Back Past events: Iñigo Gabilondo. The retina as a biomarker of brain diseases

Iñigo Gabilondo. The retina as a biomarker of brain diseases

- BCBL auditorium (and BCBL zoom room 2)

What: The retina as a biomarker of brain diseases

Where: BCBL Auditorium and zoom room # 2 (If you would like to attend to this meeting reserve at

Who: Iñigo Gabilondo, MD, PhD, Ikerbasque Research Fellow, Neurodegenerative Diseases Group, BioCruces, Bizkaia.

When:  Thursday,  Jan 26th at 2:30 PM.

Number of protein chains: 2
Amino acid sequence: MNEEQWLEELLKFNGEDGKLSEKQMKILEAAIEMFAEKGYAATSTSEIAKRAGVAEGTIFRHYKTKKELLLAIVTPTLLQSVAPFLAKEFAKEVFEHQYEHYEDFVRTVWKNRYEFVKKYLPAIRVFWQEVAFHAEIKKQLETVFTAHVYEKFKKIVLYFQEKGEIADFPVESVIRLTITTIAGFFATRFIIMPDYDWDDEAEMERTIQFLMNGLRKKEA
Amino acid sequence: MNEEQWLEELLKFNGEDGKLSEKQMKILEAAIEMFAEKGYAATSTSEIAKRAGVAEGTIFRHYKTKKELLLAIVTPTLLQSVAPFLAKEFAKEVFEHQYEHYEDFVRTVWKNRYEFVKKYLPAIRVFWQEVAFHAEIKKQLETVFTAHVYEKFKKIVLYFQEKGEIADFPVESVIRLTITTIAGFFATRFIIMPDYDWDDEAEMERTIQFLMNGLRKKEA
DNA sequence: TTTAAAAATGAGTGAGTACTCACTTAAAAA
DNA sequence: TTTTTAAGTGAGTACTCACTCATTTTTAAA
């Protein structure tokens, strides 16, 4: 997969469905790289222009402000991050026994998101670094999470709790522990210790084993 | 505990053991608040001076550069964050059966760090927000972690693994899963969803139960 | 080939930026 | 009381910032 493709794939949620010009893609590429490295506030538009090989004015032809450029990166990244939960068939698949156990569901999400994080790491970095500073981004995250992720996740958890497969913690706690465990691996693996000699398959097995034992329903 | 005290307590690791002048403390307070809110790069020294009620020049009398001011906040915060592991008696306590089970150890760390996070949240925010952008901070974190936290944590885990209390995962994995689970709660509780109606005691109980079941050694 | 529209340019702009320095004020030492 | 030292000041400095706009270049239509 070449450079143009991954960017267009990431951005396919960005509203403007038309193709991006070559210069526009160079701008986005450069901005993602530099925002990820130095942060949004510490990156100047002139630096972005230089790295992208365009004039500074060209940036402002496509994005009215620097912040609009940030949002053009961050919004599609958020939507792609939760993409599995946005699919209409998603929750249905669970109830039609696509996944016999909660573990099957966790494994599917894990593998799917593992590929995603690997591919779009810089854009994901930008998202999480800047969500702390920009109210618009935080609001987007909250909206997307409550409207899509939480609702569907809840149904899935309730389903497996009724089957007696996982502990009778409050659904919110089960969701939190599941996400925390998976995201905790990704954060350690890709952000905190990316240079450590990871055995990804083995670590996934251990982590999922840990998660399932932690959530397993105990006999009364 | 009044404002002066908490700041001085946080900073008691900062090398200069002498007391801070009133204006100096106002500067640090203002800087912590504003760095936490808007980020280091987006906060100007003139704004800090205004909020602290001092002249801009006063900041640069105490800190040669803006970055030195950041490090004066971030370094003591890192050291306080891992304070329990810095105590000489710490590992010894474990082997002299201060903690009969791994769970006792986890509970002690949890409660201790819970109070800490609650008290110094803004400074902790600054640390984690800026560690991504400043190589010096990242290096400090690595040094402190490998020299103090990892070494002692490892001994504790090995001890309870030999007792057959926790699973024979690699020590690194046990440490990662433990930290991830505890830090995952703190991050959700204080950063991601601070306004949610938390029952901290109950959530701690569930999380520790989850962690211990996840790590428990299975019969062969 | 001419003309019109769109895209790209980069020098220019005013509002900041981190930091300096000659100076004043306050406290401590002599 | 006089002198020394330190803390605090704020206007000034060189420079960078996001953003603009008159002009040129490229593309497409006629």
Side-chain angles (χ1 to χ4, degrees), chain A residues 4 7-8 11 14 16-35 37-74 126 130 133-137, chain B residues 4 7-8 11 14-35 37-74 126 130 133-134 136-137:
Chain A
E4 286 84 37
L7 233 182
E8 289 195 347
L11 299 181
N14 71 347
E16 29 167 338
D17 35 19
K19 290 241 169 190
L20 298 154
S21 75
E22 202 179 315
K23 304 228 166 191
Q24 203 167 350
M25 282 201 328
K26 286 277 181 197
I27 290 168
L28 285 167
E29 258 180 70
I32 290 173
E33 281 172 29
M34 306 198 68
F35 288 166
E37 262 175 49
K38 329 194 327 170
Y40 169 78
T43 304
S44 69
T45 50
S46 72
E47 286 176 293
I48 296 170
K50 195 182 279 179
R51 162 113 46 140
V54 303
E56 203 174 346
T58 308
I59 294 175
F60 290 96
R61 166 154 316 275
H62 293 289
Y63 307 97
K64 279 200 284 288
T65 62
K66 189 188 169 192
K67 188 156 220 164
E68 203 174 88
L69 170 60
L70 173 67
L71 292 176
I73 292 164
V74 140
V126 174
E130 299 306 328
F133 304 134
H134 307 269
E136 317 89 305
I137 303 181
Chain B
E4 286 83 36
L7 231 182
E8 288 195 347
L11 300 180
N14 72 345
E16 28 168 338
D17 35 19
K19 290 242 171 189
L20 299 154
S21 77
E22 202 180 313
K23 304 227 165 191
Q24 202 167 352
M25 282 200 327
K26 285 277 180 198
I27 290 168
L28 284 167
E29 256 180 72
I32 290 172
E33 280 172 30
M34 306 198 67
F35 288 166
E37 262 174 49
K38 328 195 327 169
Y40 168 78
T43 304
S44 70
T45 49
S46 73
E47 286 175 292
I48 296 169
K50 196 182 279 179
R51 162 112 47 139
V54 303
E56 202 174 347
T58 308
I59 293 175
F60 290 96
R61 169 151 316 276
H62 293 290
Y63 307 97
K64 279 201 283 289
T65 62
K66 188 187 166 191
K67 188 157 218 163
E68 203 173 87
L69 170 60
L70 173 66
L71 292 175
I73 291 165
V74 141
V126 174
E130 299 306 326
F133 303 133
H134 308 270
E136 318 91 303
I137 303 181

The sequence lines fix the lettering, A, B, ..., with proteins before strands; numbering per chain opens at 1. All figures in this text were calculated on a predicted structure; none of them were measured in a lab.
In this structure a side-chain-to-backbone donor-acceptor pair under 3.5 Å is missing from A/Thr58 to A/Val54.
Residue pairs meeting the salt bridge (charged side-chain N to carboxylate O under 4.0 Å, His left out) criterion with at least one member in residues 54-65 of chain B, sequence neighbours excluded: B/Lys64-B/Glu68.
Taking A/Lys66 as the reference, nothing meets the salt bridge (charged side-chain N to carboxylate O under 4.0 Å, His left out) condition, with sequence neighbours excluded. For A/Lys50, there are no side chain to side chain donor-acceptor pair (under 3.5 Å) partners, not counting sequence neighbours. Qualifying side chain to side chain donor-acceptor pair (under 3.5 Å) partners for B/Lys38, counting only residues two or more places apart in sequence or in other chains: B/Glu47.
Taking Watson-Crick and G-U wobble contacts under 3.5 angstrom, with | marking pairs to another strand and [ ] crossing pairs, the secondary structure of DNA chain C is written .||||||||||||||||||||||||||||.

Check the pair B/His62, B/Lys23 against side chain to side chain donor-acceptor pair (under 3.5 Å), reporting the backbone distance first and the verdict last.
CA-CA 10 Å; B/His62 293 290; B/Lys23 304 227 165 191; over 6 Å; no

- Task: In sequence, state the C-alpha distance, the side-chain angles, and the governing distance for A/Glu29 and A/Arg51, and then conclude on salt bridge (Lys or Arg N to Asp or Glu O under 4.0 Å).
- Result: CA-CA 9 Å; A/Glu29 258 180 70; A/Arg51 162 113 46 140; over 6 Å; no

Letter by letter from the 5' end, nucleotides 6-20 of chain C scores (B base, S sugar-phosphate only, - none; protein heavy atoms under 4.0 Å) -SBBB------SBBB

The retina is an embryological extension of the central nervous system (CNS) and is composed of interconnected specialized neurons that communicate via the optic nerve with the primary visual pathway of the brain, with which the retina shares surface molecules, neurotransmitters, and innumerable biological processes. Optical coherence tomography (OCT) is a rapid, non-invasive in vivo imaging technology that can capture micron-resolution changes in retinal architecture with high reproducibility. The use of OCT is gaining attention in Neurology as a biomarker to monitor neurodegeneration and as a tool to improve the accuracy of diagnosis and prognosis of CNS diseases. Some of the most prevalent neurodegenerative diseases such as multiple sclerosis, Alzheimer's disease or Parkinson's disease have visual manifestations that often precede conventional diagnosis and histopathological changes in the retina comparable to those of the brain. In this presentation we will review different studies from the last decade that support the use of the retina as a window to study brain diseases."